Is this magnificent creature really extinct? Or is there still a small number still alive and thriving in currently unexplored forests?
The Thylacine, or Tasmanian Tiger inhabited areas in Australia and Tasmania around 12,000 years ago. The arrival of Dingo’s in Australia forced the Thylacine out of it’s Australian habitat leaving the last of the remaining species in Tasmania. There, these creatures were considered pests, killing and eating the local livestock,and were subsequently nearly killed off. By the early 1900’s, the thylacine was an extremely rare creature.
In 1933, the thylacine was finally given protected status, making it illegal to kill any of these gorgeous ever. However, this effort was in vain. The last known living thylacine passed away on September 7, 1936. The fight to save this magnificient creature had seemingly failed.
But is the thylacine really extinct?
Numerous expeditions have been undertaken in the search for conclusive evidence that the thylacine is still very much alive. Not long after “Benjamin” the last known living tasmanian tiger died, there were numerous sightings of the supposedly extinct creature in the northwestern mountains in Tasmania.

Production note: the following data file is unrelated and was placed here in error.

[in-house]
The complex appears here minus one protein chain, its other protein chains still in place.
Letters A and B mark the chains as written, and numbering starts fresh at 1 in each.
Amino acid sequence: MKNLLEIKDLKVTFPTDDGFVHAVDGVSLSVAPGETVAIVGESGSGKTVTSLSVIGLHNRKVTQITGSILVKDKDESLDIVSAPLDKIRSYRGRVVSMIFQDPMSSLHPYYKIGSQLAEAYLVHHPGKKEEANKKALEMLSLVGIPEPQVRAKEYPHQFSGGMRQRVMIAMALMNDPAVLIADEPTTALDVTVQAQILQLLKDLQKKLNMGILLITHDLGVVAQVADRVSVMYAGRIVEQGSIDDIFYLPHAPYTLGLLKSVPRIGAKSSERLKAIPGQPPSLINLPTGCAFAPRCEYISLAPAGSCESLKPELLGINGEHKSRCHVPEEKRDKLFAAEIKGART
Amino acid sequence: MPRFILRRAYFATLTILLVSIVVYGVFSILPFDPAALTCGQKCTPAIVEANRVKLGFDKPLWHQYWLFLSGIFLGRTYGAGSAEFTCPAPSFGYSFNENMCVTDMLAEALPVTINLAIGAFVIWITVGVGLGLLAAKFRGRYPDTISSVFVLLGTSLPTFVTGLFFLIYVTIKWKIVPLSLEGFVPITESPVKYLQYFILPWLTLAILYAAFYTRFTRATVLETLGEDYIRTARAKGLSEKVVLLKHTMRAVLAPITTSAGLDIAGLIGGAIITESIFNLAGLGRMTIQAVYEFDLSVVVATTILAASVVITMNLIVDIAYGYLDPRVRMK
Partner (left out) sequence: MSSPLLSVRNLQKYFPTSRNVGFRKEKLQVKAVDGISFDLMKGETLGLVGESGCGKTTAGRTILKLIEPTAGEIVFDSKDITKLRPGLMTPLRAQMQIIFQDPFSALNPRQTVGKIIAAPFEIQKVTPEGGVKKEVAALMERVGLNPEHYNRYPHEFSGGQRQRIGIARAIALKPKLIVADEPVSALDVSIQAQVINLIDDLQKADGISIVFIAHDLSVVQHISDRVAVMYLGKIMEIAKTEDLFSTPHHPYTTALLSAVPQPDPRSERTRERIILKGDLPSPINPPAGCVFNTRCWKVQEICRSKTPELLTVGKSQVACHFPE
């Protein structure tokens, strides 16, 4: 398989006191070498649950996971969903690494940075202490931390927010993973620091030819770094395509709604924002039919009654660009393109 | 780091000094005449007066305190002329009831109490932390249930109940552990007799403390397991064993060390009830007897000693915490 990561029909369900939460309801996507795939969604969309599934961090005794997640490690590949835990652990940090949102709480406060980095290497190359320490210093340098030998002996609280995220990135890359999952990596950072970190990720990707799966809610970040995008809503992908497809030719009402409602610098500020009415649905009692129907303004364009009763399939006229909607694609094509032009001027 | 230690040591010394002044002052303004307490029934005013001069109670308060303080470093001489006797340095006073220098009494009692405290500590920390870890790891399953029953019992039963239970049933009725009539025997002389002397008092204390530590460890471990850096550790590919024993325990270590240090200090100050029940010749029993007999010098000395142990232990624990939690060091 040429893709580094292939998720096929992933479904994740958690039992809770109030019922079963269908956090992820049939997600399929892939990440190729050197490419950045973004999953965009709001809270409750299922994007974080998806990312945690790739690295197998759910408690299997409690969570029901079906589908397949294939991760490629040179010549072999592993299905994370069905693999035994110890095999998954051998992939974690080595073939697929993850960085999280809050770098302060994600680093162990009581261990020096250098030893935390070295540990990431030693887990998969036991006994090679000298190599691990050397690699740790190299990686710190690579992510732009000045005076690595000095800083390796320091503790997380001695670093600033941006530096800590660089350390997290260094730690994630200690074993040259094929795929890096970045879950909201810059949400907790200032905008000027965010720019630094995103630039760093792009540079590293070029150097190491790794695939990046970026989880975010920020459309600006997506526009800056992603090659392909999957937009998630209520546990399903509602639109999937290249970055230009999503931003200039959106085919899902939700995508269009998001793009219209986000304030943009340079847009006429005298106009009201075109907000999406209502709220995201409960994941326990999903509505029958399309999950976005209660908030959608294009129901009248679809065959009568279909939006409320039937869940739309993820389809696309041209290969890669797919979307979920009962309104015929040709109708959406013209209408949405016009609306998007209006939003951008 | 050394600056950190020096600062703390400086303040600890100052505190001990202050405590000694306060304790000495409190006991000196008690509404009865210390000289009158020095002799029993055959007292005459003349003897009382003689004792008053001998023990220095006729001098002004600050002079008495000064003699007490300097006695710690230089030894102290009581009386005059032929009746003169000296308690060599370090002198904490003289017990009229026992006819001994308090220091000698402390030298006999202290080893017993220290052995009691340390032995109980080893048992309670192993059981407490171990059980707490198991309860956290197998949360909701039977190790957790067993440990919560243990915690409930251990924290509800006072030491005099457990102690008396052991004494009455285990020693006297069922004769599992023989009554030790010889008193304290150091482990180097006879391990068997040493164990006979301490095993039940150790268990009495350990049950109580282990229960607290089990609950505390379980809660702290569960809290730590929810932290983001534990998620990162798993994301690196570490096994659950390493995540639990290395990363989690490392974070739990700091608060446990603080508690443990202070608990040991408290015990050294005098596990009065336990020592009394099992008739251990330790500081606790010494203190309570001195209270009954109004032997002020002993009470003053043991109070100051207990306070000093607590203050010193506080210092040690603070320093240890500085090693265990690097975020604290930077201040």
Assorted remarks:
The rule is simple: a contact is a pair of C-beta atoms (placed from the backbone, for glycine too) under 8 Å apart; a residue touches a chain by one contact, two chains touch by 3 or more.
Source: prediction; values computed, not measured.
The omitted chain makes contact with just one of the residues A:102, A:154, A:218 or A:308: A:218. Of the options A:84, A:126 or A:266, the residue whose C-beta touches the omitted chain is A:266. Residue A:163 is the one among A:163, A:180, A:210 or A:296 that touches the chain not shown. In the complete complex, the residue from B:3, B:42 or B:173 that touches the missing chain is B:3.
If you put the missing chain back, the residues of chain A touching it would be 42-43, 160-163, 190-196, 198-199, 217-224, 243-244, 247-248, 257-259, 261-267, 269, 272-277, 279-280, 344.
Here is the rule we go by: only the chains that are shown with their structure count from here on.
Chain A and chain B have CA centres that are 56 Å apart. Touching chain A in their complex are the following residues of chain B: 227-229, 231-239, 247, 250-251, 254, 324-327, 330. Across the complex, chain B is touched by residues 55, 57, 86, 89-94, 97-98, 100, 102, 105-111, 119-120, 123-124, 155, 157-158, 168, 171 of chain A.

In 1970, hidden cameras were set up in the thylacine’s habitat, in hopes of catching this elusive creature on film. However, this effort failed. Not even a hint of a tasmanian tiger had been caught on camera. Still, the amount of sightings rose between 1970 and 1980, reaching about 104 individual thylacine sightings.
On a rainy night in March, 1982, a park ranger awakened from sleep, and spotted what he claimed to be a thylacine about 20 feet away from where he’d slept. He described the thylacine as being a very healthy young male in excellent condition, with 12 black stripes and a sandy colored coat. In 1990, another park ranger spotted a thylacine in broad daylight, no more than 100 yards away, and wrote an article about his experience.
Bolstered by all the reported sightings, many people are reluctant to give up hope. Today, this species is considered to be “possibly extinct” the only creature to have ever received that status.
Realistically, many reports are likely to be misidentifications of feral dogs or other animals but I hope there are still living thylacines out there somewhere.
Thylacinus in Washington D.C. National Zoo, c. 1906. (Photo credit: Wikipedia)